How much does taking out a loan impact your solar payback period? Let’s do the math for the example system featured in this article - a 7.2 kW SolarEdge system built by a professional installer, with an up-front cost of $14,311.

Loan terms:

  • Loan Amount: $15,000
  • APR: 6%
  • Repayment Schedule: 7 years
  • Monthly payments: $219.06
  • Total Interest Paid: $3,400.74

With a cash purchase, you could expect to break even on this example system in about 10 years. When you add the interest payments outlined here, the payback period rises to about 12 years.

With solar panels warrantied for 25 years, the bottom line is that investing into solar can be extremely profitable, even taking loan payments into account. If you were to take out this loan to finance your system, you’d still be able to enjoy 13 years of free power from your solar panels, an investment that would save you more than $21k on energy bills in that timeframe.

Of course, the usual disclaimers apply: these figures will vary based on your project details and loan terms available for you. We encourage you to use our guide to calculating solar ROI, alongside Bankrate’s loan calculator, to work out your own figures based on the factors unique to your project.

Solar Leases / PPAs (Power Purchasing Agreements)

Some solar providers offer solar lease or PPA (power purchase agreement) programs. Under these programs, a solar provider installs solar panels on the roof at no up-front cost, then bills the homeowner for the right to use electricity generated by the panels. The solar provider charges a rate that is 15-30% less than utility power, allowing homeowners to go solar with no up-front costs and no accountability for loan payments.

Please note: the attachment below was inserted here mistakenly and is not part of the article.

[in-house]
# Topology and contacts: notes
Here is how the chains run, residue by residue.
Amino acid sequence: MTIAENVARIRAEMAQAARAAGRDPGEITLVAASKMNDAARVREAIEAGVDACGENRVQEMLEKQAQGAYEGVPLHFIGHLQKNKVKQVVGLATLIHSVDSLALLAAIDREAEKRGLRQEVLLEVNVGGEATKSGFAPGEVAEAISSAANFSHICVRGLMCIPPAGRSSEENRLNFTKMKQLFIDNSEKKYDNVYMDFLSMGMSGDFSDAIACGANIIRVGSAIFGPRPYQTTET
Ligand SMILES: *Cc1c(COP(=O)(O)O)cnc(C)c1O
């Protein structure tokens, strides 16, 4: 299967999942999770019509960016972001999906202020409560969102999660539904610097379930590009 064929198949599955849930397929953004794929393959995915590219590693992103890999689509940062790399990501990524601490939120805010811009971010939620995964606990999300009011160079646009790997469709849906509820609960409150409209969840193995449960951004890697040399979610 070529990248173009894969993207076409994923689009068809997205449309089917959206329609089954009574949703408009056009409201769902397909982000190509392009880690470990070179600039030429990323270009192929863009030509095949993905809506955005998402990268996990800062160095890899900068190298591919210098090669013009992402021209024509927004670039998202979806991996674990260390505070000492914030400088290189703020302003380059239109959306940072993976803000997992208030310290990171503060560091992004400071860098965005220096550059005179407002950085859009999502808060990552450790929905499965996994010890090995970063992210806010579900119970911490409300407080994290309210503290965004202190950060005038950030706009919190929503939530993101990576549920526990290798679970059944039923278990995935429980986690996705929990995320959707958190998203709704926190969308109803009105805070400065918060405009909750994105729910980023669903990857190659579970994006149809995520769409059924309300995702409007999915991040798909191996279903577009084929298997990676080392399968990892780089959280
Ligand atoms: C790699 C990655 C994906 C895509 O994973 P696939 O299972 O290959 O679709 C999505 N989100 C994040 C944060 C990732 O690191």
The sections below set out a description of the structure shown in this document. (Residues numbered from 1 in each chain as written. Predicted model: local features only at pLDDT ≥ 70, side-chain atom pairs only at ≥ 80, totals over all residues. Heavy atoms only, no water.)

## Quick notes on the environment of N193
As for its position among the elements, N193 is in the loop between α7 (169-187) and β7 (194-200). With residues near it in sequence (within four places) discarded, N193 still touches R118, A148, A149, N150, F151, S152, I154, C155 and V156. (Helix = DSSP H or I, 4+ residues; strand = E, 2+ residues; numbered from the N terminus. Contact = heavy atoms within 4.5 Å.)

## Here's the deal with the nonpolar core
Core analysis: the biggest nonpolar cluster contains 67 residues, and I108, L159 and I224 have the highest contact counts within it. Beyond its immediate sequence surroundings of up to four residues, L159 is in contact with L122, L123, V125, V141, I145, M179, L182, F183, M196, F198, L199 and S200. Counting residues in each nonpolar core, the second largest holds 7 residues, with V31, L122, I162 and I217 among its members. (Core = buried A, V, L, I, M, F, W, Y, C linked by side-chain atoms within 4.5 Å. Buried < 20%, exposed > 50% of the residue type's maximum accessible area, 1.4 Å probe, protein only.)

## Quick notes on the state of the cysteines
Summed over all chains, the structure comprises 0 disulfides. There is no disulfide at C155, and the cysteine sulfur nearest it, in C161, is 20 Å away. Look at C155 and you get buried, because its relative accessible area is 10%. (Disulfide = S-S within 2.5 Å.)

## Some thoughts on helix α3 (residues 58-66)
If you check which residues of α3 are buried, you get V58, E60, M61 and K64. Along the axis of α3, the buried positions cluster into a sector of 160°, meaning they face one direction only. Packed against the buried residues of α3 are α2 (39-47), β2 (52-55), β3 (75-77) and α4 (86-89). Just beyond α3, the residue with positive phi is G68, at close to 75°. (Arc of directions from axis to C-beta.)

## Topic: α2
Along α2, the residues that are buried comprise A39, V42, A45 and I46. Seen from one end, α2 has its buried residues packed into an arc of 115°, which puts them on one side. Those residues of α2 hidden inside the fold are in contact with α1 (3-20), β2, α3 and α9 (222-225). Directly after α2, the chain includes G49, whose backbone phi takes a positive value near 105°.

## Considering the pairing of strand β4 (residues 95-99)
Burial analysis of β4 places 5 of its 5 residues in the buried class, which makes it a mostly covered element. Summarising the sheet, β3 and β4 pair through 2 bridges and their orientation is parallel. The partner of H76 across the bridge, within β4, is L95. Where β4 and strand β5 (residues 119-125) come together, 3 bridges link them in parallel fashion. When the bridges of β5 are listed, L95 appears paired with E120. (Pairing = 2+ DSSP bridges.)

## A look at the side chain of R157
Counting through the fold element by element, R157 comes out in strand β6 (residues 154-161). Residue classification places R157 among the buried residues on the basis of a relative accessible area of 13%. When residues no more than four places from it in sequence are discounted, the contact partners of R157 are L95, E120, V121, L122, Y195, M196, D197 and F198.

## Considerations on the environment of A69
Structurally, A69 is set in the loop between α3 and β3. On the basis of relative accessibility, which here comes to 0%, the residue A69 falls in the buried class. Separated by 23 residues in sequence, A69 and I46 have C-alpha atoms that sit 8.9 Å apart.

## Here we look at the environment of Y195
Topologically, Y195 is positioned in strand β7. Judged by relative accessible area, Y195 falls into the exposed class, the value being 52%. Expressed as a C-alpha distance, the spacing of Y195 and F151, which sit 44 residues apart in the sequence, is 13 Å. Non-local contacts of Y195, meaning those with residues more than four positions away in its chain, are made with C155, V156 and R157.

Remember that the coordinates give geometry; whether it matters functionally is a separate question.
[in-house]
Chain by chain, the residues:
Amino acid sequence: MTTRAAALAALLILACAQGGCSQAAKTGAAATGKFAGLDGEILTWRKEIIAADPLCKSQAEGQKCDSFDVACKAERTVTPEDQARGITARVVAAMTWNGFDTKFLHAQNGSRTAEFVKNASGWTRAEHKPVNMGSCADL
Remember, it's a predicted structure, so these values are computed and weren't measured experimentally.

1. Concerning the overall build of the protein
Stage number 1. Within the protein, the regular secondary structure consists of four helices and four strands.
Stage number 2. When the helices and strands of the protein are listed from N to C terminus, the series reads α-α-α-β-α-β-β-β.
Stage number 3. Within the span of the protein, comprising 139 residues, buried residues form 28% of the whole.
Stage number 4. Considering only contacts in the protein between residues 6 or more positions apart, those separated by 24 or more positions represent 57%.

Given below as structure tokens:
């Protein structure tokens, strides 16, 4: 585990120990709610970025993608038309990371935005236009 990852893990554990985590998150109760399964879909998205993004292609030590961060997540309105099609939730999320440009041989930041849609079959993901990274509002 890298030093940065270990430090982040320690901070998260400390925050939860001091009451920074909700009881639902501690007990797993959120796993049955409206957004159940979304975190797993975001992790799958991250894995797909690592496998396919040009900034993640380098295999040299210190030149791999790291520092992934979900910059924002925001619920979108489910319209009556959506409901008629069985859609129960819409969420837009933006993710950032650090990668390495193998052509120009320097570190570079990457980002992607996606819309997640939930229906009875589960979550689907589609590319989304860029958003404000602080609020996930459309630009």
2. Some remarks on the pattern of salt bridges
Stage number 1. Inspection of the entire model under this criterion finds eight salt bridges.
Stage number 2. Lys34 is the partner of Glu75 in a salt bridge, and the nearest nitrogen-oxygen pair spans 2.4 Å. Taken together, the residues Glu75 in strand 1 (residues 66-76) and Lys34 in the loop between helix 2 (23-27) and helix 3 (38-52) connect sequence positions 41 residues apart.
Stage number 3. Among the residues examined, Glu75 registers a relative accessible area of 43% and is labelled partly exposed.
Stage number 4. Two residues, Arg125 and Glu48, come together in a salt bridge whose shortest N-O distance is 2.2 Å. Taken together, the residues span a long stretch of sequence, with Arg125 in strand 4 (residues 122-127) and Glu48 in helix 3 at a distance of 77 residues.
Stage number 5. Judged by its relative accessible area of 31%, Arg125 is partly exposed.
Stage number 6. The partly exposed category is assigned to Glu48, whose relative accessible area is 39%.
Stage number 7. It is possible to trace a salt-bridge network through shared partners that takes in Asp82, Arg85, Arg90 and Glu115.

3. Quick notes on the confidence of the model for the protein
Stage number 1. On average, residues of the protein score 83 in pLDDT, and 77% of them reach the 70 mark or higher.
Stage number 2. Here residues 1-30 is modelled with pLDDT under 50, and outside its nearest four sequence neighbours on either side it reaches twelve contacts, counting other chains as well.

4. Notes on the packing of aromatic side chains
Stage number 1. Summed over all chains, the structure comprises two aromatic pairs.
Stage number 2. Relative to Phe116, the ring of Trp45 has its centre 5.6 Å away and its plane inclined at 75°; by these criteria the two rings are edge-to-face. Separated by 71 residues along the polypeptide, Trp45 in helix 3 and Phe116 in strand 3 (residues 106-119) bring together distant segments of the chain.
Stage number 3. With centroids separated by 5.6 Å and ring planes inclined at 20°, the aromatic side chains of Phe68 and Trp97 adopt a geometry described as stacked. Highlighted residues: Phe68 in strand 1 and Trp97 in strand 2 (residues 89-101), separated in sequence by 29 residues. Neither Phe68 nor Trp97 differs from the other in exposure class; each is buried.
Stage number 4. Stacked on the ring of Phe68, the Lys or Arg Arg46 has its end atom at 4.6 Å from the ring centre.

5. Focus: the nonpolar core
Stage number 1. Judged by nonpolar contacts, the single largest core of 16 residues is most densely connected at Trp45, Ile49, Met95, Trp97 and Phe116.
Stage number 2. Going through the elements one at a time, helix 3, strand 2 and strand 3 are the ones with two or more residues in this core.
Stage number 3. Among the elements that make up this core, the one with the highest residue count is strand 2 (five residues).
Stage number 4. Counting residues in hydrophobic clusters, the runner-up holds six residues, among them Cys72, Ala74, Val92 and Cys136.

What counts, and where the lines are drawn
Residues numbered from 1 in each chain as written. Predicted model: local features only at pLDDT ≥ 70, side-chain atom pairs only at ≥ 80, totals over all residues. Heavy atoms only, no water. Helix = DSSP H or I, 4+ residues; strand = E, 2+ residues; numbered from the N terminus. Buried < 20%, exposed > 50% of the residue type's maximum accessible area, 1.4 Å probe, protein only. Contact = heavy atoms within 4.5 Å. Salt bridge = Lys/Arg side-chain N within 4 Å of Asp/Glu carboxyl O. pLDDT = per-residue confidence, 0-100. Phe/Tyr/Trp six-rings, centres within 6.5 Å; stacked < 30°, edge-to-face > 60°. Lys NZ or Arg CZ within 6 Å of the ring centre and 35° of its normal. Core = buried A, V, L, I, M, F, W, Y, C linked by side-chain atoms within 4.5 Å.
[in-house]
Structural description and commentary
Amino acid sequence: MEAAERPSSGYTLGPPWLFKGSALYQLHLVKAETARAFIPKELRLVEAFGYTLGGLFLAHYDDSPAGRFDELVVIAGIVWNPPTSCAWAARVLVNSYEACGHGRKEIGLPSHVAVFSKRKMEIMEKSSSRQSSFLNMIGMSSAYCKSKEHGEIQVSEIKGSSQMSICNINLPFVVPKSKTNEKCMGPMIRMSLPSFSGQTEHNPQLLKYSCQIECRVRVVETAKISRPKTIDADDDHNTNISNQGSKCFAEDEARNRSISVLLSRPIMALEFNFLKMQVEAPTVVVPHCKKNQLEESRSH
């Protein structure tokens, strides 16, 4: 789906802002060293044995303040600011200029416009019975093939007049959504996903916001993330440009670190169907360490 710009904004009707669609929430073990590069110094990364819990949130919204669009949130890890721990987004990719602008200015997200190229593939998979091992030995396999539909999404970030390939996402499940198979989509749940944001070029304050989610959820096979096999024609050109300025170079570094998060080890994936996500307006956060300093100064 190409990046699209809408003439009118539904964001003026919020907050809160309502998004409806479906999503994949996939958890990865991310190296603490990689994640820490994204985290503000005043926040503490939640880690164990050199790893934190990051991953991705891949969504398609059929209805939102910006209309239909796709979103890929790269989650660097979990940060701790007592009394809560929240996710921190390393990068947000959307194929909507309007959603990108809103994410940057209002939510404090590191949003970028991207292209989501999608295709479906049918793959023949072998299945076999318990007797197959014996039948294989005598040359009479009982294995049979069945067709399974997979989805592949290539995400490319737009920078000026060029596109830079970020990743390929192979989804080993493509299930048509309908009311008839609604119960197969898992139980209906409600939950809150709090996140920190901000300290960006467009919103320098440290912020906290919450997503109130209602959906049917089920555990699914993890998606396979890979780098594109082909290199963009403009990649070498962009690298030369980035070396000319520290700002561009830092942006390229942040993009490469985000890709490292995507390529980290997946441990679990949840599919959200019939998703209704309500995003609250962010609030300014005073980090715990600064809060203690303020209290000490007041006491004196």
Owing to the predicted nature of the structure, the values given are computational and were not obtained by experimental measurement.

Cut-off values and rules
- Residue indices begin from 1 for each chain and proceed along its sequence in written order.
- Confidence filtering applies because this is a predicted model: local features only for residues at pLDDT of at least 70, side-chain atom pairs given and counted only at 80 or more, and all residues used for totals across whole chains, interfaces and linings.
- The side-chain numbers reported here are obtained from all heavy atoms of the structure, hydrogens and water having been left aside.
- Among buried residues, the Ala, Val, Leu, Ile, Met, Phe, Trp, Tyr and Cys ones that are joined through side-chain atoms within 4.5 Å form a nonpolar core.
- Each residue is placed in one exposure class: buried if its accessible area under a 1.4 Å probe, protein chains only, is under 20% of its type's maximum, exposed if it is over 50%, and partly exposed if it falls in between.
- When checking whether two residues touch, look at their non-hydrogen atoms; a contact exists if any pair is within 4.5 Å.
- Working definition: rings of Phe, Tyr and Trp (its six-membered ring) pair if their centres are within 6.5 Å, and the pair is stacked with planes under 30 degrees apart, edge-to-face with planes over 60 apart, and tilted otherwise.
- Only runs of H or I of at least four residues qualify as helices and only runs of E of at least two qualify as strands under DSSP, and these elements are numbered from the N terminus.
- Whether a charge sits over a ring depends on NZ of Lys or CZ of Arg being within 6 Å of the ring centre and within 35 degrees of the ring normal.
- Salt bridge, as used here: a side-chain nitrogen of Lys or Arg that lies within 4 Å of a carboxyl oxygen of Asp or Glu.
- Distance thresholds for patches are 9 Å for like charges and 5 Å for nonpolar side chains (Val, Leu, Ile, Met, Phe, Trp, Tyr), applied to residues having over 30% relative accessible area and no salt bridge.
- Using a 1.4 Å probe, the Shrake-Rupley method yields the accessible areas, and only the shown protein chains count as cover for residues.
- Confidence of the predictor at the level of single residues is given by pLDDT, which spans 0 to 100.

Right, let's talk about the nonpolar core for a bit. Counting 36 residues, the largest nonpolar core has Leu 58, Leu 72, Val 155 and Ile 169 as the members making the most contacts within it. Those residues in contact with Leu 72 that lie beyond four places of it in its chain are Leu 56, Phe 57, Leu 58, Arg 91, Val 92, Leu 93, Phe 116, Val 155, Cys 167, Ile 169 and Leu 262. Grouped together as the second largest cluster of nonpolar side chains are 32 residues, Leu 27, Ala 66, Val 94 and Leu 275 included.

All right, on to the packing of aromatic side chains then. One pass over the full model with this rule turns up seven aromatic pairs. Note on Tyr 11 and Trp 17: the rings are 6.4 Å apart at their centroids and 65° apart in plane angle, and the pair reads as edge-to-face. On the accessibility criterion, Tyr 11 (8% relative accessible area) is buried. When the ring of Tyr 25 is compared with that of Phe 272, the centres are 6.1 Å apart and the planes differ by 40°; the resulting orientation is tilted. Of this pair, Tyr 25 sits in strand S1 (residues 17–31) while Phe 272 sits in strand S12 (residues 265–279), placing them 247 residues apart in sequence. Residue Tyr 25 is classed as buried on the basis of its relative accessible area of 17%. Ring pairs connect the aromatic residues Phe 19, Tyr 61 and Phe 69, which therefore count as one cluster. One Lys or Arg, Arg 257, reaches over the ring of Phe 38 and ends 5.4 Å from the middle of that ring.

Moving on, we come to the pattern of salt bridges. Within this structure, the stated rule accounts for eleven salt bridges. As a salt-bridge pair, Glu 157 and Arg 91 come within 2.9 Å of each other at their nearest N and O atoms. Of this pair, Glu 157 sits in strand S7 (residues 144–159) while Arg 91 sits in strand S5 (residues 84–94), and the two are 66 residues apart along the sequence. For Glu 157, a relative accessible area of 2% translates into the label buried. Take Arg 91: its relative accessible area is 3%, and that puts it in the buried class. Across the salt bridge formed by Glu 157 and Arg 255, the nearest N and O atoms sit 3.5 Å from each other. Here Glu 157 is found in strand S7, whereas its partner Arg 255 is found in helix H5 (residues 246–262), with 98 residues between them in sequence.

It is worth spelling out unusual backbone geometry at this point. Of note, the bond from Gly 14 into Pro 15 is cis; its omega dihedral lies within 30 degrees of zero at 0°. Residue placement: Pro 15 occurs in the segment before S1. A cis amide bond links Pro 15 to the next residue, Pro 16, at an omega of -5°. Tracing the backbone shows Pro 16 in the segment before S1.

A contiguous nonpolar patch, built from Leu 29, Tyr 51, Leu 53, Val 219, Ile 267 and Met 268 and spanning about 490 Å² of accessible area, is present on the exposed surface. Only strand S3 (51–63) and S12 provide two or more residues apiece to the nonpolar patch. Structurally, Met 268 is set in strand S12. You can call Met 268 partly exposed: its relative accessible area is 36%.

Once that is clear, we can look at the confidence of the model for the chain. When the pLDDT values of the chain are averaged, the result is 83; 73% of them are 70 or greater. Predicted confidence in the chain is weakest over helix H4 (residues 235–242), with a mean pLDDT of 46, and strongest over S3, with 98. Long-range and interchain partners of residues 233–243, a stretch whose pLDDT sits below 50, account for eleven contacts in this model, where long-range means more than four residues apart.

The key drawback to leases and PPAs is that the solar provider who installs your solar panels retains ownership of the system. Though the panels are installed on your roof, you are still paying a third-party provider to use the electricity they generate. Essentially, all you’re doing is moving from a public to a private utility provider for a slightly reduced rate.

Crucially, under these agreements, you don’t own your solar panels ‒ your solar provider does. That means that you miss out on the right to claim the 30% solar tax credit, an incentive that dramatically alters the payback period on your solar panels. While a solar lease or PPA may reduce your electric bills by 20%, a solar loan could potentially cut them in half ‒ while still allowing you to go solar with no money down.

Another drawback of leases and PPAs becomes apparent if you decide to sell your home in the future. Solar panels can increase property value by 3-4%, but that’s only true if you own your solar panel system and can sell it as a feature of the home. If you lease your system from a third-party vendor, you’ll need to find a homebuyer who is willing to inherit the terms of your lease. That can make it much harder to find an interested buyer, and you won’t be able to include the value of solar panels in your home’s listing price.

Since solar leases and PPAs are the least profitable and least flexible way to go solar, we strongly recommend personal loans as the preferred way to finance your solar project.